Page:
Tobacco use is well understood to be a risk factor for cancer. Although smoking rates in the United States have declined, tobacco continues to exert a tremendous burden on the health of populations in the U.S. and world-wide. DCEG has a long-standing interest in the associations between tobacco and cancer. Investigators throughout the Division use case-control, prospective studies, and consortia to characterize changing associations between cigarette smoking and cancer. They are also committed to determining the health risks of other tobacco products, including smokeless tobacco, pipes, cigars, as well as new and emerging products such as water pipe. Search for DCEG publications on tobacco use and cancer.
Examples of studies include:
A study conducted in Finland to evaluate the long-term effects of vitamins on cancer incidence (lung and other cancers), and on overall and cause-specific mortality
A large cohort study of etiologic determinants of cancer carried out within an NCI trial for the evaluation of screening procedures for the early detection of prostate, lung, colon, and ovarian cancer (the PLCO Trial) at 10 U.S. screening centers
A study developed at NCI to improve our understanding of the relationship between diet and health
A large population-based case-control study designed to investigate the genetic and environmental determinants of lung cancer and smoking persistence
An international consortium with epidemiologic studies of esophageal adenocarcinoma and Barrett's esophagus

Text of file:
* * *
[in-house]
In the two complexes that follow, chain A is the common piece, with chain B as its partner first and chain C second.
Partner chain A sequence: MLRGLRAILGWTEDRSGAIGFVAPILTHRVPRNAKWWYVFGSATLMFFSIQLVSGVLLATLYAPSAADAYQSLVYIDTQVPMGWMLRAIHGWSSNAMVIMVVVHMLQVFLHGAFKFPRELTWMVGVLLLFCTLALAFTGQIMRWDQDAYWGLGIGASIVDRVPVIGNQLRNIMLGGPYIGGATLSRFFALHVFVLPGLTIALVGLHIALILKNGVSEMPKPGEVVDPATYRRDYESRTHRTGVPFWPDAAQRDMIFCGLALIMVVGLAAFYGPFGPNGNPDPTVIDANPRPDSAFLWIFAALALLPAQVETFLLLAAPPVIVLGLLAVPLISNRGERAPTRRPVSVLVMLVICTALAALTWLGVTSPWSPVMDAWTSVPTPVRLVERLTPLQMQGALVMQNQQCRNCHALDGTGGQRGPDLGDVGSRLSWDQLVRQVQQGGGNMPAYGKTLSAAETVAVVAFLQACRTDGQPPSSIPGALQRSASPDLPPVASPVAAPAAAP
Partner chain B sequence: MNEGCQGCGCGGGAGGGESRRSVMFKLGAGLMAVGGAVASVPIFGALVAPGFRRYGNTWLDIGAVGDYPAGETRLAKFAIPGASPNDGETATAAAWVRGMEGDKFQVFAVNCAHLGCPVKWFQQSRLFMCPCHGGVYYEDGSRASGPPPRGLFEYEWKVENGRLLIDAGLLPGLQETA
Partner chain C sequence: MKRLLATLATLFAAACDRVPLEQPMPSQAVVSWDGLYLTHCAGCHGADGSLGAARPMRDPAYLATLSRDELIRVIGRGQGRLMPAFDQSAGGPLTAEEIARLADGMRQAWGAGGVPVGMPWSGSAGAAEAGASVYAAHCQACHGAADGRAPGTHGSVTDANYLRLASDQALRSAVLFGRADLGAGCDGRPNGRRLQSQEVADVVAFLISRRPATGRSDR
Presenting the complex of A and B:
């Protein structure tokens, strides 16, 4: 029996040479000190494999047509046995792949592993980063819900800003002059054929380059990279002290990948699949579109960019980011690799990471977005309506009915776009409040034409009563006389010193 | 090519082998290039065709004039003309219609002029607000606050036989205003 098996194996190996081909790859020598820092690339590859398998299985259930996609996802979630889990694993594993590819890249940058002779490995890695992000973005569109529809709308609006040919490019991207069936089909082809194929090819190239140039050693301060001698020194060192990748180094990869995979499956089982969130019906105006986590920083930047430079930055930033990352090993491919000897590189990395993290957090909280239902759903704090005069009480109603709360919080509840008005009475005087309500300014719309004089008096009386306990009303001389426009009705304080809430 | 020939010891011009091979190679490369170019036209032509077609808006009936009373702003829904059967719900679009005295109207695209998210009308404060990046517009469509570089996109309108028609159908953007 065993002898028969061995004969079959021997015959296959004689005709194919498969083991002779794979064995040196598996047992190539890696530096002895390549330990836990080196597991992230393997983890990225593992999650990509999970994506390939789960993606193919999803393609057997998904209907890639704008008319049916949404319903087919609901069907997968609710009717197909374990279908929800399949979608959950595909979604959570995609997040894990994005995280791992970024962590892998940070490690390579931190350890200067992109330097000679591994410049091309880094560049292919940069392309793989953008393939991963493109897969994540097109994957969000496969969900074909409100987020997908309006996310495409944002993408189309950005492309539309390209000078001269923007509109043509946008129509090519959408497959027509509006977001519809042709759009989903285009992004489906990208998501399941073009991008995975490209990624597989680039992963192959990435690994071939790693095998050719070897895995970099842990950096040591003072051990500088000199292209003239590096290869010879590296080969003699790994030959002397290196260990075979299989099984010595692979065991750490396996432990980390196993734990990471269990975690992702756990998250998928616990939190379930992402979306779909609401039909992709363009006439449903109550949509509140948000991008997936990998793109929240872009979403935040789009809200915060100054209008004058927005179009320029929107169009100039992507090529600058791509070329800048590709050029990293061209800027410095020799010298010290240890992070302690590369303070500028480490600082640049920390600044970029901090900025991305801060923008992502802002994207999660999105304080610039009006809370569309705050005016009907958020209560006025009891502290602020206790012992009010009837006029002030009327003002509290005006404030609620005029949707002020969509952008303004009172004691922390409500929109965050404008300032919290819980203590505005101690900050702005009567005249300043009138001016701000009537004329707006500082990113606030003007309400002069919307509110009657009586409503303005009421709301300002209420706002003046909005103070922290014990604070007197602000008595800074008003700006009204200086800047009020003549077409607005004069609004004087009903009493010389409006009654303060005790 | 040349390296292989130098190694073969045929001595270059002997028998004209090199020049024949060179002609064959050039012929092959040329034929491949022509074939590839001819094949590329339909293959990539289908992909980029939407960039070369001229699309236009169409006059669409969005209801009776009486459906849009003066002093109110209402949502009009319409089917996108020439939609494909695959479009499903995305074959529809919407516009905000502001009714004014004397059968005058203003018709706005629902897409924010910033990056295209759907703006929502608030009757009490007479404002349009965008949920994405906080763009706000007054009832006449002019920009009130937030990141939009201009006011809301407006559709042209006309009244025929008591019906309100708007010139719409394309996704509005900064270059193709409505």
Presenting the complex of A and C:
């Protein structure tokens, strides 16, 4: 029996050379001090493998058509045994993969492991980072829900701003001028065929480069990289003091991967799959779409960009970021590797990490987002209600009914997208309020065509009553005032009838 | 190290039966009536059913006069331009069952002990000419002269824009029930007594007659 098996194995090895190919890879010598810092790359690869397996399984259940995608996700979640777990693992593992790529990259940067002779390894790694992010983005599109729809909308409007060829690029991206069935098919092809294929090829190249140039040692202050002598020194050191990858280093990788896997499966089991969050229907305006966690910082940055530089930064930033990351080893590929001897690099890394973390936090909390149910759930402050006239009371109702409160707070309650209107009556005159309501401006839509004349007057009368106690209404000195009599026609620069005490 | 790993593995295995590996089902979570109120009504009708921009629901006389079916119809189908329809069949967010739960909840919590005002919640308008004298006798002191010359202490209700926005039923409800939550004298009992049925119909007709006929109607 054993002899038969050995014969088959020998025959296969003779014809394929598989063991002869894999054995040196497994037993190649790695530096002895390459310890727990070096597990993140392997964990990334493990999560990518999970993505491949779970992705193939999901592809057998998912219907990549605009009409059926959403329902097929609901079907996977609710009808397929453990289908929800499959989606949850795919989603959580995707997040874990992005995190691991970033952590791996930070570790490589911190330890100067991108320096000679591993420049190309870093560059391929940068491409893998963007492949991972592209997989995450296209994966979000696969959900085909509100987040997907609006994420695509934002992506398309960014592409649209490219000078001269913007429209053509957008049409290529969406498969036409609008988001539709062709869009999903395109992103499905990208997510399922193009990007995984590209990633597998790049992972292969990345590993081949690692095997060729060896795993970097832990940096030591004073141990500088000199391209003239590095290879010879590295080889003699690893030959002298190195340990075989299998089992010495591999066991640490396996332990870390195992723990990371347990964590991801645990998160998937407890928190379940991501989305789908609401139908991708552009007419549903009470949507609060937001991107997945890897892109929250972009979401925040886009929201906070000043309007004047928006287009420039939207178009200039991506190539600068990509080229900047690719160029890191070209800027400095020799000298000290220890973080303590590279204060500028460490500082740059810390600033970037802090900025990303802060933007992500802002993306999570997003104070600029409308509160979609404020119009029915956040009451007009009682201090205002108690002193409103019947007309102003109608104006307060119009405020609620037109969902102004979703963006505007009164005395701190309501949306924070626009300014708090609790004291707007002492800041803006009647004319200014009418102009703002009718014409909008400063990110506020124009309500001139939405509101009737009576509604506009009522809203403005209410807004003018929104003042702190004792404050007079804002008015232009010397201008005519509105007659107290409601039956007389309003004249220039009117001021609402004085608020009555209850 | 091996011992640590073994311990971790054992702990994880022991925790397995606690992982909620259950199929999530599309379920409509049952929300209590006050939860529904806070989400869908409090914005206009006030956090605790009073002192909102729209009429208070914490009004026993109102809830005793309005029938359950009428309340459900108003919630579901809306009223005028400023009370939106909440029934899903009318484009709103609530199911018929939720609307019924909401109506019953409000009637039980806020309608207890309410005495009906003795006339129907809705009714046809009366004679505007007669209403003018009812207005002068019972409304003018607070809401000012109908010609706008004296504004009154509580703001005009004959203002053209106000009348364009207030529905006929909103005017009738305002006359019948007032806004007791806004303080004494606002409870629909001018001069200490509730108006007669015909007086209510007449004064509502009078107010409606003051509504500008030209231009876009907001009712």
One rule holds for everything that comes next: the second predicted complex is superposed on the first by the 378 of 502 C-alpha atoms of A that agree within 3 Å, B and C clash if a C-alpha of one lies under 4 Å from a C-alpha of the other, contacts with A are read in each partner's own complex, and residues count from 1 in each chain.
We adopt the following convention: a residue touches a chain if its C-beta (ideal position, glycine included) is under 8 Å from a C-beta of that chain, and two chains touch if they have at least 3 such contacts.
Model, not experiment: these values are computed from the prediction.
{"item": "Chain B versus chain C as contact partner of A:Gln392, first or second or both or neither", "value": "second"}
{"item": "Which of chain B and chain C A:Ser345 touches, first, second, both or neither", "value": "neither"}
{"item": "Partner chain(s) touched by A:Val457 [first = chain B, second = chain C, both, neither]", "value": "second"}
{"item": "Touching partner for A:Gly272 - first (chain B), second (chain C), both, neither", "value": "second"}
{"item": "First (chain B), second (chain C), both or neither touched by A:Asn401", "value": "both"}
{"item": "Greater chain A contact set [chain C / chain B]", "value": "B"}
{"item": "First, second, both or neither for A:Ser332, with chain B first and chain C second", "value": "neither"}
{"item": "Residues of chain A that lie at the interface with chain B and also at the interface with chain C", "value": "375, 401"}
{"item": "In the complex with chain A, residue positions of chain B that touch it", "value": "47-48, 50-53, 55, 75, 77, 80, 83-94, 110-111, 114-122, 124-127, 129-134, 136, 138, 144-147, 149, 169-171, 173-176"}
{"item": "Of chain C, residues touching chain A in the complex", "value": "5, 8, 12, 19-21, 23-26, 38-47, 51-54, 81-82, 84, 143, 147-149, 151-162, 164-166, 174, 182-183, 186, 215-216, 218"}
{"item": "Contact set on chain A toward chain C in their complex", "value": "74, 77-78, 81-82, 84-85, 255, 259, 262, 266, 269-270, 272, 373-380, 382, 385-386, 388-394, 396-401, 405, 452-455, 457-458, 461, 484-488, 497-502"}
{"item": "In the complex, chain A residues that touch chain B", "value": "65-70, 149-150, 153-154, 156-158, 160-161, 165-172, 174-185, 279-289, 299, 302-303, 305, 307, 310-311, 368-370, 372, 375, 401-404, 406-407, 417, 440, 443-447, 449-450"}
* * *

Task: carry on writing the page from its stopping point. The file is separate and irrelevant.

A population-based case-control study investigating risk factors for biliary tract cancer in Shanghai, China
DCEG population-based case-control studies of cancers of the digestive tract in Shanghai, China
A case-control study evaluating environmental and genetic risk factors for esophageal squamous cell carcinoma in Golestan Province, Iran
A cohort study evaluating the environmental and genetic risk factors for esophageal squamous cell carcinoma in Iran
A study of a number of different lifestyle factors in relation to various morbidity and mortality outcomes among the U.S. Radiologic Technologists.
A population-based case-control study that investigates the reason for the persistent excess of bladder cancer mortality and incidence in the northern New England area.
A large interdisciplinary case-control study of bladder cancer in 18 hospitals from five different regions in Spain
Case-control studies of stomach cancer in the United States, Poland, and Mexico
DCEG case-control studies of multiple myeloma and cancers of the pancreas and prostate among blacks and whites in the United States